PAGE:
Filed: November 18, 1996
George M. Scott
Spencer, West Virginia
Attorney for the Petitioners
The Honorable Charles E. McCarty, Judge
Ripley, West Virginia
David A. Sims
Debra Tedeschi Hall
Sims and Hall
Elkins, West Virginia
Attorneys for the Respondents
Billy and Patricia Fouty
This Opinion was delivered PER CURIAM.
JUDGE RECHT sitting by temporary assignment.
JUSTICE CLECKLEY concurs and reserves the right to file a concurring opinion.
1. "In determining whether to grant a rule to show cause in prohibition when
a court is not acting in excess of its jurisdiction, this Court will look to the adequacy of other
available remedies such as appeal and to the over-all economy of effort and money among
the litigants, lawyers and courts; however, this Court will use prohibition in this discretionary
way to correct only substantial, clear cut, legal errors plainly in contravention of a clear
statutory, constitutional, or common law mandate which may be resolved independently of
any disputed facts and only in cases where there is a high probability that the trial will be
completely reversed if the error is not corrected in advance." Syl. pt. 1, Hinkle v. Black, 164
W. Va. 112, 262 S.E.2d 744 (1979).
2. "Parties moving for separate trials of issues pursuant to West Virginia Rule of Civil Procedure 42(c), or the court if acting sua sponte, must provide sufficient justification to establish for review that informed discretion could have determined that the bifurcation would promote the recognized goals of judicial economy, convenience of the parties, and the avoidance of prejudice, the overriding concern being the provision of a fair and impartial trial to all litigants." Syl. pt. 6, Bennett v. Warner, 179 W. Va. 742, 372 S.E.2d 920 (1988).
In this original proceedingSee footnote 1 in prohibition, the petitioners, Otis L. Cavender and Marguerite Cavender, challenge a July 12, 1996, ruling of the Circuit Court of Roane County, West Virginia, Pursuant to that ruling, the respondent, the Honorable Charles E. McCarty, granted the motion of Billy Fouty and Patricia Fouty, also named as respondents, to conduct separate trials upon the issues of liability and damages in the underlying personal injury action. That action is styled Cavender v. Fouty, Civil Action No. 93-C-123, Roane County. The petitioners contend that the bifurcation of the liability and damage issues, under the circumstances herein set forth, was in contravention of law and, thus, constituted an abuse of discretion.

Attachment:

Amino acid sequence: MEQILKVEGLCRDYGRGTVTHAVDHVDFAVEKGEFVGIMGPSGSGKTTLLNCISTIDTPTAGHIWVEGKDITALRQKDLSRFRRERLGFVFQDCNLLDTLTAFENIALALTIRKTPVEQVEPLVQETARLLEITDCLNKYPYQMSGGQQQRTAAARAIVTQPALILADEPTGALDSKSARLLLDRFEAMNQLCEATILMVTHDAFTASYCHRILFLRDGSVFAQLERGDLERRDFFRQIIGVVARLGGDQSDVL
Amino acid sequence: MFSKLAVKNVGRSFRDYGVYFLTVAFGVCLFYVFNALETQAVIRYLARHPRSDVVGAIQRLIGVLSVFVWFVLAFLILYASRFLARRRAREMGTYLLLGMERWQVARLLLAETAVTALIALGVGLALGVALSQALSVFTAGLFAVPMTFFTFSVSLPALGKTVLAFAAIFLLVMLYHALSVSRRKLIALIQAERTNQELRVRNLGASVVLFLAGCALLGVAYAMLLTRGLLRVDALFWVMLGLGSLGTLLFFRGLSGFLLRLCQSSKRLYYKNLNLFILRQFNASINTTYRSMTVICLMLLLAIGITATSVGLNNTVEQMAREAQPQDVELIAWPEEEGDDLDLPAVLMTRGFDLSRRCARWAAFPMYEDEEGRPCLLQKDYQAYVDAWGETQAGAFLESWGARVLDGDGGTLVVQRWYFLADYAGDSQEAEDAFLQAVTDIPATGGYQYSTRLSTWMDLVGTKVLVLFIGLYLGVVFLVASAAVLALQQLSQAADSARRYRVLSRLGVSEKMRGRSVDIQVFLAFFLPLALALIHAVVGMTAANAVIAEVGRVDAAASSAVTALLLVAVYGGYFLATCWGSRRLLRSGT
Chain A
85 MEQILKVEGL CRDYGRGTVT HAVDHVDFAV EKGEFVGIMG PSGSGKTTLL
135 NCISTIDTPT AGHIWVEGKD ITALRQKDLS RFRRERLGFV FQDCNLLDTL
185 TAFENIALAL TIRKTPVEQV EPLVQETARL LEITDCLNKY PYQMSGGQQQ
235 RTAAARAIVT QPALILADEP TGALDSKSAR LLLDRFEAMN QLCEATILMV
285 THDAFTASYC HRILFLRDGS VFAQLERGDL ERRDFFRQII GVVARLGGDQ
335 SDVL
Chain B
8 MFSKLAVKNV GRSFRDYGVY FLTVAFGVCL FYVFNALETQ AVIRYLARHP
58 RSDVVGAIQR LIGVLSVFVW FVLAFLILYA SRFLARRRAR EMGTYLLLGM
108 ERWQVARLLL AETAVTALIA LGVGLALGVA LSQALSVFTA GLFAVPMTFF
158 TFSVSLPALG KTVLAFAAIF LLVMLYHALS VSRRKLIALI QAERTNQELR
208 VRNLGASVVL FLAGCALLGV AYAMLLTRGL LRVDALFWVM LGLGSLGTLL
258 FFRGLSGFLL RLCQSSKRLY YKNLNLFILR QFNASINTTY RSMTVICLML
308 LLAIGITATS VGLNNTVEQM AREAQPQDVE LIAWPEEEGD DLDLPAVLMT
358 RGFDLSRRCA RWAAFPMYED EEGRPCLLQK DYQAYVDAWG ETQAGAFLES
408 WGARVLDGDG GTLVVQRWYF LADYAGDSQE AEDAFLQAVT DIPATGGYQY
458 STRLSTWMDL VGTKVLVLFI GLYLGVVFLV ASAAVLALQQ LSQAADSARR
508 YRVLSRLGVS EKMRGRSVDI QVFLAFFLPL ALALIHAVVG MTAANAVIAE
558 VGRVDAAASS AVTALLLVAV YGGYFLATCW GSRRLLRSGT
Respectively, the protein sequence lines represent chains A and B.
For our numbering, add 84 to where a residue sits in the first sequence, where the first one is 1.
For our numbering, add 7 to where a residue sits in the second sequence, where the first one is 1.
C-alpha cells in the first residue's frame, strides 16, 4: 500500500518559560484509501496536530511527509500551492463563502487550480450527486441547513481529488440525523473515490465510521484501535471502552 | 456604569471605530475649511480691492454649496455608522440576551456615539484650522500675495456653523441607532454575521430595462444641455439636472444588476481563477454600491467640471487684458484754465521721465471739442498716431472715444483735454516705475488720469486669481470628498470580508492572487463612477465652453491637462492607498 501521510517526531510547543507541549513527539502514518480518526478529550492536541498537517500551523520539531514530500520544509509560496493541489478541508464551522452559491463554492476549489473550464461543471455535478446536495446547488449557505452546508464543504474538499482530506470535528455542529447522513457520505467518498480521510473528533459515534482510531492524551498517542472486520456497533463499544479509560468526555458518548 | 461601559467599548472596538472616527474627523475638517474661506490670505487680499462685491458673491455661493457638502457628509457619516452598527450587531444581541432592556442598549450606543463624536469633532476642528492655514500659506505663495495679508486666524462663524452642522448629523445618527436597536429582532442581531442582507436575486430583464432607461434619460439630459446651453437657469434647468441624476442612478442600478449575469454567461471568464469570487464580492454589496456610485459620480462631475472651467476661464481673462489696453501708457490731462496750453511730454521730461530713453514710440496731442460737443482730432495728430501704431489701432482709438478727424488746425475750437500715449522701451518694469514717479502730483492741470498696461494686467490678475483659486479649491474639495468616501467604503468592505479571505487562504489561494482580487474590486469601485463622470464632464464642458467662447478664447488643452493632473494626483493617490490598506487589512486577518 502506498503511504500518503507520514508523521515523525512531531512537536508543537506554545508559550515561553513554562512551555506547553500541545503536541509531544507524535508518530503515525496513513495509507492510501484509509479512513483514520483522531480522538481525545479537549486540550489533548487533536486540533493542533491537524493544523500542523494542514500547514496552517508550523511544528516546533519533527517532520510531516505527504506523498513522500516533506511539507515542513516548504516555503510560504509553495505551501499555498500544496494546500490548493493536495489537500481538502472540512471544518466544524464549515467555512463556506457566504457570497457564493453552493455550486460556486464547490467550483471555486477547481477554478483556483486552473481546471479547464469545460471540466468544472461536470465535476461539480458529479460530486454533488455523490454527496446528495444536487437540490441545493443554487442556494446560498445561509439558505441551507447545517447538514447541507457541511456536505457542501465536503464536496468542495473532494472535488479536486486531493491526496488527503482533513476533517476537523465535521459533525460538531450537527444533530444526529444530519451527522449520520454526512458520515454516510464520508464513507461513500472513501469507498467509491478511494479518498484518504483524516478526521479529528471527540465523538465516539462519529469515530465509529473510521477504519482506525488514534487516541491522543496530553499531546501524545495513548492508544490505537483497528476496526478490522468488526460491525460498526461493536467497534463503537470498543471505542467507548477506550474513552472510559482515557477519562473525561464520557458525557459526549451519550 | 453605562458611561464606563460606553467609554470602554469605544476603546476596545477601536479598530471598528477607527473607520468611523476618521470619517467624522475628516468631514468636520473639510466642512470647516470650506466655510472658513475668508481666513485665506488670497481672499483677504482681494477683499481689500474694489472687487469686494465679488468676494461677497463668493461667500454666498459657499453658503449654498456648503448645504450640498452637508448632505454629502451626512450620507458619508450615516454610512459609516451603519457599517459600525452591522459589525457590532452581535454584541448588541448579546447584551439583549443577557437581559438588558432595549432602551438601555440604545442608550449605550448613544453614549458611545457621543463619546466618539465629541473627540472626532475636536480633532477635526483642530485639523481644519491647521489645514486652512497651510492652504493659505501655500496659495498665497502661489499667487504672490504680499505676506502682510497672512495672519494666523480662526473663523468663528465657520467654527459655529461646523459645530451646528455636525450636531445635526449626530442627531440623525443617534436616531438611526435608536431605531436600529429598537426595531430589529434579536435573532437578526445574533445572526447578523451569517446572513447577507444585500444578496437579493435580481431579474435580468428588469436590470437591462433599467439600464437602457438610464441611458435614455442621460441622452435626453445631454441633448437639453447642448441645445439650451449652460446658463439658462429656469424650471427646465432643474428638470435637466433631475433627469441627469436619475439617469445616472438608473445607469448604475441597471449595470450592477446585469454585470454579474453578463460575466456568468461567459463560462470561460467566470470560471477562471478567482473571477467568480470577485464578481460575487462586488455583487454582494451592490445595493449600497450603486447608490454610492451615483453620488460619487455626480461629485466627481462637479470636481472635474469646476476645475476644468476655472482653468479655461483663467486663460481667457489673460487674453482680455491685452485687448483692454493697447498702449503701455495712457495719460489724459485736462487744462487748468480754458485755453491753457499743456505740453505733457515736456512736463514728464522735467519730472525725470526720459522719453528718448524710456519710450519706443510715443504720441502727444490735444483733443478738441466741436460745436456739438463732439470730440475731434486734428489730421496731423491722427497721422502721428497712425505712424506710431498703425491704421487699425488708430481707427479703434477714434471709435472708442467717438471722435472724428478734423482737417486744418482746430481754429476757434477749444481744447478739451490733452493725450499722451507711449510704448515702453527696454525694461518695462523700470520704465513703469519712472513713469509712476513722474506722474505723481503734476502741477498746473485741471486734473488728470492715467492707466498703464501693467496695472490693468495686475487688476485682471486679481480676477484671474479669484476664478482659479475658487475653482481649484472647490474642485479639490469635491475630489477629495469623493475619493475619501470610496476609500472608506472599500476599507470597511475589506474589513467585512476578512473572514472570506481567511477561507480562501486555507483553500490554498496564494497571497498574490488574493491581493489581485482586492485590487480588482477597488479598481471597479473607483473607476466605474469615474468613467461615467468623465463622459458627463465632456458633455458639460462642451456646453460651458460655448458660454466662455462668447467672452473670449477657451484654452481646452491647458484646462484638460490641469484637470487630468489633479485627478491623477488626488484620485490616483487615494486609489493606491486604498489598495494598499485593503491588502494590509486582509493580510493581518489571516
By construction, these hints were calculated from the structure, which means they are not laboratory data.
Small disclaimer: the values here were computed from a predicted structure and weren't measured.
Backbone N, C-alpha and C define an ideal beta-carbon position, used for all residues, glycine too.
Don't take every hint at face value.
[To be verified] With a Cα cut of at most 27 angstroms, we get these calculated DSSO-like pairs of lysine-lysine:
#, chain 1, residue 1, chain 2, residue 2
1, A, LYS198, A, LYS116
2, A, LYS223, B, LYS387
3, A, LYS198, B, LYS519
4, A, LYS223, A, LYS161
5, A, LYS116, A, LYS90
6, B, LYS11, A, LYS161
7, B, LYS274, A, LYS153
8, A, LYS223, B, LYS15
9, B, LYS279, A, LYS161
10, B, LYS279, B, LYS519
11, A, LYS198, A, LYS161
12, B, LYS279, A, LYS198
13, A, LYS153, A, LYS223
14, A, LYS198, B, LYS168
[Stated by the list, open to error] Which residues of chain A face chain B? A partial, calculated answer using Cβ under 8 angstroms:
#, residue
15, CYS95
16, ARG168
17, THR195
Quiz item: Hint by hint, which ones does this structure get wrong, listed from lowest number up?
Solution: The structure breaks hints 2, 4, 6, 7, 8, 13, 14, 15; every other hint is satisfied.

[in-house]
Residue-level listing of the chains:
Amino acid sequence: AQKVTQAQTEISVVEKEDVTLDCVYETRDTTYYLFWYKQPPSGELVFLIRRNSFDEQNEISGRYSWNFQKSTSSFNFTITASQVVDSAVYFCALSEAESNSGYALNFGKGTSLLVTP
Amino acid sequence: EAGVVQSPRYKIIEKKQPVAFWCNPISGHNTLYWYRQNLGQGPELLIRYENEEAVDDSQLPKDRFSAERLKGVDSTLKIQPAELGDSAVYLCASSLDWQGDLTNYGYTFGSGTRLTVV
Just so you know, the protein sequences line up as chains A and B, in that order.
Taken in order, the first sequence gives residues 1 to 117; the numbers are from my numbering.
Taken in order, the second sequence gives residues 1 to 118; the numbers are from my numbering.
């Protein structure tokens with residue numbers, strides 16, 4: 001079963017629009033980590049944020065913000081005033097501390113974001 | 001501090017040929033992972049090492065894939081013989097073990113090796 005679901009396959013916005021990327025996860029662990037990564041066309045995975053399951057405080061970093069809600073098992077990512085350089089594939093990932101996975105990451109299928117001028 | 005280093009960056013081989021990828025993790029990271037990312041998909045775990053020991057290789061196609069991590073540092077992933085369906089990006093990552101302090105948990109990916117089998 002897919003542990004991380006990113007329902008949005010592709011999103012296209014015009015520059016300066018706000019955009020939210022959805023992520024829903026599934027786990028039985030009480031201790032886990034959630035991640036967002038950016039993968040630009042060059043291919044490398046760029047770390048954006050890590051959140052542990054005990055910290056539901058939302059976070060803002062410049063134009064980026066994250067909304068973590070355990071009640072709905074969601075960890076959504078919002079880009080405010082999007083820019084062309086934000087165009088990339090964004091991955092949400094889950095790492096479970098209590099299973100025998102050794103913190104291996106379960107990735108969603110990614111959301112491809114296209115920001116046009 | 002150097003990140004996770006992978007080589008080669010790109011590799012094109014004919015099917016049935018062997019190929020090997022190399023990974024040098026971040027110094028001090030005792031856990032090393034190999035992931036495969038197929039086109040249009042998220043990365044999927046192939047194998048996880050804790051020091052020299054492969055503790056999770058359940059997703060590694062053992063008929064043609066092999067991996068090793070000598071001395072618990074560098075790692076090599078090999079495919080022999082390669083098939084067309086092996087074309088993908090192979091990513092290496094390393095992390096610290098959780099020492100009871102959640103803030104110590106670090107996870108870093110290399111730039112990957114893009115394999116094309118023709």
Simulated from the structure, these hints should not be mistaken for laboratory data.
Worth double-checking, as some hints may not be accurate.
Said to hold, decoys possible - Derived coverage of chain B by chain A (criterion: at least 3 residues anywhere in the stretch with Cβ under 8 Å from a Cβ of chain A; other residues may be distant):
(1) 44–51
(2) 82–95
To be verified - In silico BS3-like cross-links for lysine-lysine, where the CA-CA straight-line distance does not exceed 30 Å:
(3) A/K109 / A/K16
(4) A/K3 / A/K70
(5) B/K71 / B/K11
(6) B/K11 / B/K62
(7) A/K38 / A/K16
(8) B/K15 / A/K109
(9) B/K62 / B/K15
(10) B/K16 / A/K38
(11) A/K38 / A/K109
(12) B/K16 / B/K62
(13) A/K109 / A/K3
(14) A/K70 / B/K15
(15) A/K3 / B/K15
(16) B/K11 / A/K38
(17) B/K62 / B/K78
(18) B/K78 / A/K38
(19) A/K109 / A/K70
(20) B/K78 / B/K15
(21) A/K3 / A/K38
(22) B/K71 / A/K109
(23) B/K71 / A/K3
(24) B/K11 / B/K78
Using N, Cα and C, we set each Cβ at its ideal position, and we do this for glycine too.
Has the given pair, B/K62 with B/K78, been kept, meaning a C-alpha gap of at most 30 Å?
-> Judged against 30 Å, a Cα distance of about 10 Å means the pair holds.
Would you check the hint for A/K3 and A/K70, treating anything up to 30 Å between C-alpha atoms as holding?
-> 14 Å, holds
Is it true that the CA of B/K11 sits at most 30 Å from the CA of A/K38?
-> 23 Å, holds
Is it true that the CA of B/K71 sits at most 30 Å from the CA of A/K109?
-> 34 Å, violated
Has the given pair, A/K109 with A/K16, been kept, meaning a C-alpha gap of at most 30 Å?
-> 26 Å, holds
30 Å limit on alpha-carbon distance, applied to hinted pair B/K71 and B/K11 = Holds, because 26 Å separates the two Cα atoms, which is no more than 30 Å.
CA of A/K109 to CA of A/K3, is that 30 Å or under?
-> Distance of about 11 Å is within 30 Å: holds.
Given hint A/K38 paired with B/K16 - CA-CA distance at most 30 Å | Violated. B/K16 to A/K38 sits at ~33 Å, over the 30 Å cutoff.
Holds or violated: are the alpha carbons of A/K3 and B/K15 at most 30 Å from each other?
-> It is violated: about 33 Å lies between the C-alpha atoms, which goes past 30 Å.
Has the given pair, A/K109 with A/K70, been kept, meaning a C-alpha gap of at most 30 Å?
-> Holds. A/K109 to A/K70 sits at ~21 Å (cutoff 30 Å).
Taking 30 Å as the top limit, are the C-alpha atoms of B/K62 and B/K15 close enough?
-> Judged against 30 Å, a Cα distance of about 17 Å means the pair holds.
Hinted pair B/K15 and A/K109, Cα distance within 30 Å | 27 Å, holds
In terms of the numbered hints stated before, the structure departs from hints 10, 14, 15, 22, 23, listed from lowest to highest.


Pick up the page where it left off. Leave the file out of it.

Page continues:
This Court has before it the petition for a writ of prohibition, the response of the trial judge, the response of the Foutys and all matters of record. For the reasons stated below, this Court grants the relief sought by the Cavenders and orders that the trial judge be prohibited from bifurcating the liability and damage issues.
As the parties indicate, Otis L. Cavender, in August, 1991, offered to buy from Billy Fouty, a used, electrical meter box, and connecting paraphernalia, attached to a pole upon the Foutys' property. Mr. Fouty, an automotive mechanic, had no use for the meter box and sold it to Mr. Cavender for $50. Soon after, Mr. Cavender, using a ladder, attempted to detach the meter box and the paraphernalia from the pole. The pole gave way, and Mr. Cavender fell, sustaining serious injuries. According to the exhibits filed in this proceeding, Mr. Cavender incurred special damages in the range of $60,000 to $70,000.
In June 1993, the Cavenders instituted the underlying action. Thereafter, the Foutys moved for summary judgment, asserting that Mr. Cavender was a mere licensee upon their property when he was injured and that, therefore, they had no duty to protect him from dangers arising on the property from existing conditions. Agreeing with the Foutys, the trial judge granted summary judgment. The summary judgment was appealed, however, and in Cavender v. Fouty, 195 W. Va. 94, 464 S.E.2d 736 (1995), this Court reversed and remanded the action for trial.
In Cavender, we indicated that the Foutys were correct in asserting that they had no duty to protect a licensee from dangers arising on the property from existing conditions. We also indicated, however, that, under the circumstances, Mr. Cavender could have been an invitee, and, if so, the Foutys had a duty to exercise ordinary care to keep and maintain their property in a reasonably safe condition. In any event, this Court held, in Cavender, that Mr. Cavender's status as a licensee or as an invitee was for a jury to determine. 195 W. Va. at 97 n. 2 and 3, 464 S.E.2d at 739 n. 2 and 3.See footnote 2